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Antisocial Personality Disorder

            The modern concept of Antisocial Personality Disorder can be traced back to the early nineteenth century, and arguably, has always been tightly linked with contemporary societal attitudes towards criminal justice and civil liberties (Ferguson and Tyler. 2000). In the early eighteen hundreds clinicians attempted to understand criminals whose offences were so horrid that they were thought to be insane, yet their clinical overviews were not consistent with recognized mental health problems. As the world's medical knowledge began to modernize, the percentage of people in the United States having the disorder has inflated from .2 percent to between 5 and 6 percent of Americans. Antisocial Personality Disorder seems to be increasing at a rapid rate, but there are now ways to identify, treat and protect people. .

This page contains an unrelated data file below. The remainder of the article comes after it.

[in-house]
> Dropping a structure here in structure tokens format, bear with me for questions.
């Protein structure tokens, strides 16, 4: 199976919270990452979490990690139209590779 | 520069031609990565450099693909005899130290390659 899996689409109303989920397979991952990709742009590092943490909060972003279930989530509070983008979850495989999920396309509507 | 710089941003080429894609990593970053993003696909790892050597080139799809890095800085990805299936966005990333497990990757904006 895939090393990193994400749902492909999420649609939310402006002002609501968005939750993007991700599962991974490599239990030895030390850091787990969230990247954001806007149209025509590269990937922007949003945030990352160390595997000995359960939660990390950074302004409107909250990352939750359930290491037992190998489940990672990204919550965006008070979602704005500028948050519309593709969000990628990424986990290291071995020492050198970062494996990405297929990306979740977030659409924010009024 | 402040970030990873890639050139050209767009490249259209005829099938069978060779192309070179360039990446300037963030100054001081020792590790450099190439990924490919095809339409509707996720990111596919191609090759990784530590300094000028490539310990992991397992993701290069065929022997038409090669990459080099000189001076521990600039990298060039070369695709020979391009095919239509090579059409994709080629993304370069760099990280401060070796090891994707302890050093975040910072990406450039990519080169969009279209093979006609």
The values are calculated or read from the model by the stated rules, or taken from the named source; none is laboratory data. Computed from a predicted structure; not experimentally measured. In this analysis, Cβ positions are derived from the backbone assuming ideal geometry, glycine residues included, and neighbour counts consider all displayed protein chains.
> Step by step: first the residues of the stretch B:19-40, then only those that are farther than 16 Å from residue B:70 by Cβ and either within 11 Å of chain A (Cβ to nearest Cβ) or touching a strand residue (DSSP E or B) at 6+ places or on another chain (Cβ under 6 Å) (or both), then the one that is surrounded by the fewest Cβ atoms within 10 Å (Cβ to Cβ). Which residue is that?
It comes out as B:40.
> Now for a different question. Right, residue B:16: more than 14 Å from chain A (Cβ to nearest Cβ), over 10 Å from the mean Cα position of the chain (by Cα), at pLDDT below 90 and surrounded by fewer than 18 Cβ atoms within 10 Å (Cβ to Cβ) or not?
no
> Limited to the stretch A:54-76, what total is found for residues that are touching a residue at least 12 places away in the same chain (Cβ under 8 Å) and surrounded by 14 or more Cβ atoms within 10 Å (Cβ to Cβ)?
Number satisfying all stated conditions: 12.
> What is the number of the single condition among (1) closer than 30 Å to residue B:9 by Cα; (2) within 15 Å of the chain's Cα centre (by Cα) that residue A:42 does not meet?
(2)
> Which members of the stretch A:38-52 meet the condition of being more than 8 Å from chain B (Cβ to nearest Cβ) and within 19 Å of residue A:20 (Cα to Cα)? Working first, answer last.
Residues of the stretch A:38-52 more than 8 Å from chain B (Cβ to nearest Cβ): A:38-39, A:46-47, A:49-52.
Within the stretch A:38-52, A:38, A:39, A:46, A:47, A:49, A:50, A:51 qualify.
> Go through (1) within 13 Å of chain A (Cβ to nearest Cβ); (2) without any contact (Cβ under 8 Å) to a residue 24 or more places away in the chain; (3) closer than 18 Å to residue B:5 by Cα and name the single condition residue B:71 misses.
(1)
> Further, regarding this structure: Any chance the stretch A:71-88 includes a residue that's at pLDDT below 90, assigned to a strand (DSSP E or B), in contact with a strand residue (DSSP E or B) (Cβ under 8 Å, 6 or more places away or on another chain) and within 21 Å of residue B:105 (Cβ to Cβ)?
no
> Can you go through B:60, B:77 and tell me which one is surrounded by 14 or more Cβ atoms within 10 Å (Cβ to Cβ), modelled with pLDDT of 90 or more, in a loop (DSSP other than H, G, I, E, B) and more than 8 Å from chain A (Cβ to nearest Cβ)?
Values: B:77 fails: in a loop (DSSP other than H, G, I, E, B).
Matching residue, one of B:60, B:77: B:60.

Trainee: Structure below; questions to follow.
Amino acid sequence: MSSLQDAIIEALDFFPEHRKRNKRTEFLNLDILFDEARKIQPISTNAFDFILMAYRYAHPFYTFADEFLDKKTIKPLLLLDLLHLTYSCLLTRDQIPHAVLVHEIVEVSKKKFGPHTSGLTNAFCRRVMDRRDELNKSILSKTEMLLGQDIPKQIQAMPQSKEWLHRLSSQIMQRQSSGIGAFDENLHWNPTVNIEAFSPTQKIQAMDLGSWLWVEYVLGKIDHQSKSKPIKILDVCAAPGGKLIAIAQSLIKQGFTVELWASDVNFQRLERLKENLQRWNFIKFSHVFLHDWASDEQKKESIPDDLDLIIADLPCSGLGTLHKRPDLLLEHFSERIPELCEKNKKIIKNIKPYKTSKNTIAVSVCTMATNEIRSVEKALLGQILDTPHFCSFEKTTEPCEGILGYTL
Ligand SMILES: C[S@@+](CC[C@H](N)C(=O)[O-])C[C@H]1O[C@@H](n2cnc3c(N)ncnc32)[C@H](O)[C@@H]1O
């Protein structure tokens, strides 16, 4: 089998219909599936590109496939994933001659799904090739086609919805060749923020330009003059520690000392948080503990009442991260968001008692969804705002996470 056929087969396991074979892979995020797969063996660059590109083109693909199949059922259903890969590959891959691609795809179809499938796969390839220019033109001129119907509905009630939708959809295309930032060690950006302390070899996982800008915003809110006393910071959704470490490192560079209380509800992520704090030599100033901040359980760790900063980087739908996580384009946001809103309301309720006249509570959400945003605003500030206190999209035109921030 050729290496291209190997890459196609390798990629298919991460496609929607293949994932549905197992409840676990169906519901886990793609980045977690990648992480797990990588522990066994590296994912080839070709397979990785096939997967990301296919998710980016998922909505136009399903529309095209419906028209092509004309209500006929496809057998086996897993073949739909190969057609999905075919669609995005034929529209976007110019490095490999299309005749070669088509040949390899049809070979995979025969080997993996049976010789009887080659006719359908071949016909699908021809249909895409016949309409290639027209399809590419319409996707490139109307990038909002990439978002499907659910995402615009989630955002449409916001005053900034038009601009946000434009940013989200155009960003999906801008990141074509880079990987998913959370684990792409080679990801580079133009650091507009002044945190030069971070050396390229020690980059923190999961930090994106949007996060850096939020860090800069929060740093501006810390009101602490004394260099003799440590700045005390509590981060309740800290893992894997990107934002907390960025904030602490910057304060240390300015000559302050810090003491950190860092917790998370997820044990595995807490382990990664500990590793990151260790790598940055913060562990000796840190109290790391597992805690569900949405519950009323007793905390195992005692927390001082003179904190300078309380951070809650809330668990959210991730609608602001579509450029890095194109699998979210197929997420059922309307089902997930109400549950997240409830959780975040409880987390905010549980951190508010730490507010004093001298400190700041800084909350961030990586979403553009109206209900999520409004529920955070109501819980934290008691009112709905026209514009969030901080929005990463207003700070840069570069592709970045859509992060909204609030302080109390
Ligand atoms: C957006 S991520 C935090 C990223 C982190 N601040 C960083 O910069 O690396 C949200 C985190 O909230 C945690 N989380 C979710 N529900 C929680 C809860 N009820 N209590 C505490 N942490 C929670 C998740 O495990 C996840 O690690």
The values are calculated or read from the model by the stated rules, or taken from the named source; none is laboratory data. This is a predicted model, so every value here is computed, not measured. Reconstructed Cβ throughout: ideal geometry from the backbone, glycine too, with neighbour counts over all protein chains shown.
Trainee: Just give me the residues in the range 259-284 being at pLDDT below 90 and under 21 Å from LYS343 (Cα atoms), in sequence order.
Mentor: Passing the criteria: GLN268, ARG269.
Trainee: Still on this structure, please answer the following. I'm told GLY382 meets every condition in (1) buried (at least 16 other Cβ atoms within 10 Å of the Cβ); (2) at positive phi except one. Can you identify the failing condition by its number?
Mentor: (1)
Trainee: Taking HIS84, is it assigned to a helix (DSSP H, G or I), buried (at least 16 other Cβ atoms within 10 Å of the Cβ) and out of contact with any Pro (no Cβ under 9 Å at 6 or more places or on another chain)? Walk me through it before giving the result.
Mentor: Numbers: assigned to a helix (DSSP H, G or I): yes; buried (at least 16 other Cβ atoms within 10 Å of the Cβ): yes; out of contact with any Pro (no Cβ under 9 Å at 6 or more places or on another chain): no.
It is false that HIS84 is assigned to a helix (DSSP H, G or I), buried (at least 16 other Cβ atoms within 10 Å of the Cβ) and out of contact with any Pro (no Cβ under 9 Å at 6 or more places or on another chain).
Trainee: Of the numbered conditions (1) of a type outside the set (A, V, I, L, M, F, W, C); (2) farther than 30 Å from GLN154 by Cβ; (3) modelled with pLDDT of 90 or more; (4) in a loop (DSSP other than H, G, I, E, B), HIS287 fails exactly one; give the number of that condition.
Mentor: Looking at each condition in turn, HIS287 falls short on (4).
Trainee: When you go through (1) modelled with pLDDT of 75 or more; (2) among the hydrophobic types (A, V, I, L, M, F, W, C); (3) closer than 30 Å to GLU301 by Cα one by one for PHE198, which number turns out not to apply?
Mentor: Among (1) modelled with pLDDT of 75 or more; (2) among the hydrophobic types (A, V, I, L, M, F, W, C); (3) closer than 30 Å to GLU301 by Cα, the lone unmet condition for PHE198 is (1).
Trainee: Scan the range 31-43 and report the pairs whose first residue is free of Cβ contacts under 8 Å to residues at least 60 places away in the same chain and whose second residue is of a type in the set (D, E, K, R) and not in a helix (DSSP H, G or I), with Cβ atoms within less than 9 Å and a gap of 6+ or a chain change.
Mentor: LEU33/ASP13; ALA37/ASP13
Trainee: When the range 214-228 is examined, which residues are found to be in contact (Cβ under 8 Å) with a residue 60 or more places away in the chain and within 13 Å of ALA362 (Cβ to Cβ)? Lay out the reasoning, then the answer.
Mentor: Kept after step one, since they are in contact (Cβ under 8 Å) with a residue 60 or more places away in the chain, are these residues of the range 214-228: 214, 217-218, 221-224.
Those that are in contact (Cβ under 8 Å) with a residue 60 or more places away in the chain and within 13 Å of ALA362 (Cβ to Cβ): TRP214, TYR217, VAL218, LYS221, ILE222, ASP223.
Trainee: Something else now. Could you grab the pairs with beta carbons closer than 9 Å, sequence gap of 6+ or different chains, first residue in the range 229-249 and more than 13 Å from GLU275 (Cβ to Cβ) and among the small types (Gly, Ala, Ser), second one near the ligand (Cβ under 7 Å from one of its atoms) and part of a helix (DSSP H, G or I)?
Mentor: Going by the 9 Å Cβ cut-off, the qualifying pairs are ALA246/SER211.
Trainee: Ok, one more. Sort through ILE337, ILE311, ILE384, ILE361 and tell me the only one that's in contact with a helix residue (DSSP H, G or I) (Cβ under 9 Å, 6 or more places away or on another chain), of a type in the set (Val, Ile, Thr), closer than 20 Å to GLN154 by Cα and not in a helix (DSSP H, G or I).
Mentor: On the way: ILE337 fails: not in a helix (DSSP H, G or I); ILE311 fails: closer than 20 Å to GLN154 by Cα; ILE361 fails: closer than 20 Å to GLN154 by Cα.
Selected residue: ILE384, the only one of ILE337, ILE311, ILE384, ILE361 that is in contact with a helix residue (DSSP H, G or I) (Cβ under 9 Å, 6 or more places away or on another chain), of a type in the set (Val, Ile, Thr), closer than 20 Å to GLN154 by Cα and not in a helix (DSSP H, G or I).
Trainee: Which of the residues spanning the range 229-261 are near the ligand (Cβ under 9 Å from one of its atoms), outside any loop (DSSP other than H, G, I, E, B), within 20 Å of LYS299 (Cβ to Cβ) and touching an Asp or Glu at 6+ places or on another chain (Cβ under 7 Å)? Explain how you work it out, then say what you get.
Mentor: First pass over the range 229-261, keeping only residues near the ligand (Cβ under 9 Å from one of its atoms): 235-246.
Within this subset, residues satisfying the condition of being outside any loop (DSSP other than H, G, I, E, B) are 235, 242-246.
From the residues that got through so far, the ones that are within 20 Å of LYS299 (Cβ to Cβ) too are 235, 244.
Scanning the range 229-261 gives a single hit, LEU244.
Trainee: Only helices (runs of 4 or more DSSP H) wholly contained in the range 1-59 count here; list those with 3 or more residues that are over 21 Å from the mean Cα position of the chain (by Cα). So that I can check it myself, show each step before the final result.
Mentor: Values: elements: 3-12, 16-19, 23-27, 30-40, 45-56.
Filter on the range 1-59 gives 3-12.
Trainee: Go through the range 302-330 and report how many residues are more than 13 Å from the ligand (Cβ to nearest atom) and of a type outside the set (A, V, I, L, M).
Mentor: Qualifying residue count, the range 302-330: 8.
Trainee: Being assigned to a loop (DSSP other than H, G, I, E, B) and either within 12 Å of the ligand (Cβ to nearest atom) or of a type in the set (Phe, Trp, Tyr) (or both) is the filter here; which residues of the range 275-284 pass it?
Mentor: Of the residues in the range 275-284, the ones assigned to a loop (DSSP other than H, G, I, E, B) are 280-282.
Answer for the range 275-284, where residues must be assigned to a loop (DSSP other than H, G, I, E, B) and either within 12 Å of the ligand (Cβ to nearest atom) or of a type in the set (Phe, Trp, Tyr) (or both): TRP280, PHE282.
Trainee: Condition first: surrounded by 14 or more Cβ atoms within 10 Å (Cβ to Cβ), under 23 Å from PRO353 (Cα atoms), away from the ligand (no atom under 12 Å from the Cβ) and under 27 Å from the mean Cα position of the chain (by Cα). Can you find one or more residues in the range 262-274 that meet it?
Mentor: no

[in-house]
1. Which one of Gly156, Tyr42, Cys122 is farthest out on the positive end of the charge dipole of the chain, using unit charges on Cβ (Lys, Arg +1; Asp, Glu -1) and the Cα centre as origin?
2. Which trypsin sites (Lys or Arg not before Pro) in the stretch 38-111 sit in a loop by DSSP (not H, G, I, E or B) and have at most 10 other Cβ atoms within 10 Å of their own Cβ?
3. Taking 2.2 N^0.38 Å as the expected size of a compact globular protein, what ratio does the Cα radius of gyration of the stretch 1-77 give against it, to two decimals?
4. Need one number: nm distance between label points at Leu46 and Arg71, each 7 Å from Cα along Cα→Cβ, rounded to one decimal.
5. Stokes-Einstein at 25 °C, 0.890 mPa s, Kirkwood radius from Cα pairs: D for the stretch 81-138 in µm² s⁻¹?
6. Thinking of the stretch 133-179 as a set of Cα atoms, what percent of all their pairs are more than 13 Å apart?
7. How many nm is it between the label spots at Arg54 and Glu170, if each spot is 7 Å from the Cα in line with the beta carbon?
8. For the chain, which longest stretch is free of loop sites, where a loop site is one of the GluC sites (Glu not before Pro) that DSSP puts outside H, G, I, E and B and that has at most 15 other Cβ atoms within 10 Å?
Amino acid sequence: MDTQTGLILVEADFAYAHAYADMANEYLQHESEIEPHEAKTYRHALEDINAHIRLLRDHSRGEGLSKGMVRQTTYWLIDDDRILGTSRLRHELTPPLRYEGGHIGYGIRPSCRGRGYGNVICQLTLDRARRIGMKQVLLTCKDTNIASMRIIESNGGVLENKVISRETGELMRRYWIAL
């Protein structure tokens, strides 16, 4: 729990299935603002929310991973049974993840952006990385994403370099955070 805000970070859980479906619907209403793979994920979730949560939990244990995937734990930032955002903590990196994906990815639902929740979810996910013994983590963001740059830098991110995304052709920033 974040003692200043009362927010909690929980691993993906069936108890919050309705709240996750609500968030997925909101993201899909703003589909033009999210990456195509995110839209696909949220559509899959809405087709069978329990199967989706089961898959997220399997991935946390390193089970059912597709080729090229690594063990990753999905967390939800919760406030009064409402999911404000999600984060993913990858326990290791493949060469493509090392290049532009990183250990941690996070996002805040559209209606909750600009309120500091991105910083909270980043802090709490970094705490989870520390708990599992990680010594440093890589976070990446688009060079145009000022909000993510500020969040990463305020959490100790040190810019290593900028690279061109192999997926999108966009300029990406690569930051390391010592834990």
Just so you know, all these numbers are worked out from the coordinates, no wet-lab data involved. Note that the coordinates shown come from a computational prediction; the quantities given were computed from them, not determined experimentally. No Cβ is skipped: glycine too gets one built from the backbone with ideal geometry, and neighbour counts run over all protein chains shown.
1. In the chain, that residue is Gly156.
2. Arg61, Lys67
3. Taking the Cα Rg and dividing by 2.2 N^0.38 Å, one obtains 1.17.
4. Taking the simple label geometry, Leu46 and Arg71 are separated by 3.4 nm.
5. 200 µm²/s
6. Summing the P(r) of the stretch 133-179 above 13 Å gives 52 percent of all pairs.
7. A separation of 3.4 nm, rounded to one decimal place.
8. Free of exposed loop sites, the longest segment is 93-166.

Before the modernization of the medical field, clinicians were still befuddled by the inconsistency of the diagnosis. When describing such individuals, Prichard (1835) created the term "Moral Insanity", which was a form of "mental derangement" in which the person is unimpaired but the moral principles of the mind are "depraved" or "perverted" (www.ncbi.nih.gov). But over the years the term"moral insanity" was viewed as harsh so in 1905, Kraepelin, a physician, created the term psychopathic disorder. Clinicians believed this to be a better term for a disorder that was still not completely understood. In 1959 the term was even incorporated into the Mental Health Act in the United Kingdom, which made it possible for people to be admitted to the hospital for examination and treatment. Though the term seemed to fit the disorder quite well, many criticized it for its lack of specificity in regards to all signs and symptoms; therefore the term Antisocial Personality Disorder arose in 1980. It was put in the Diagnostic and Statistical Manual (DSM-III) with all other disorders and covered all of the signs and symptoms for what was now known as ASPD.

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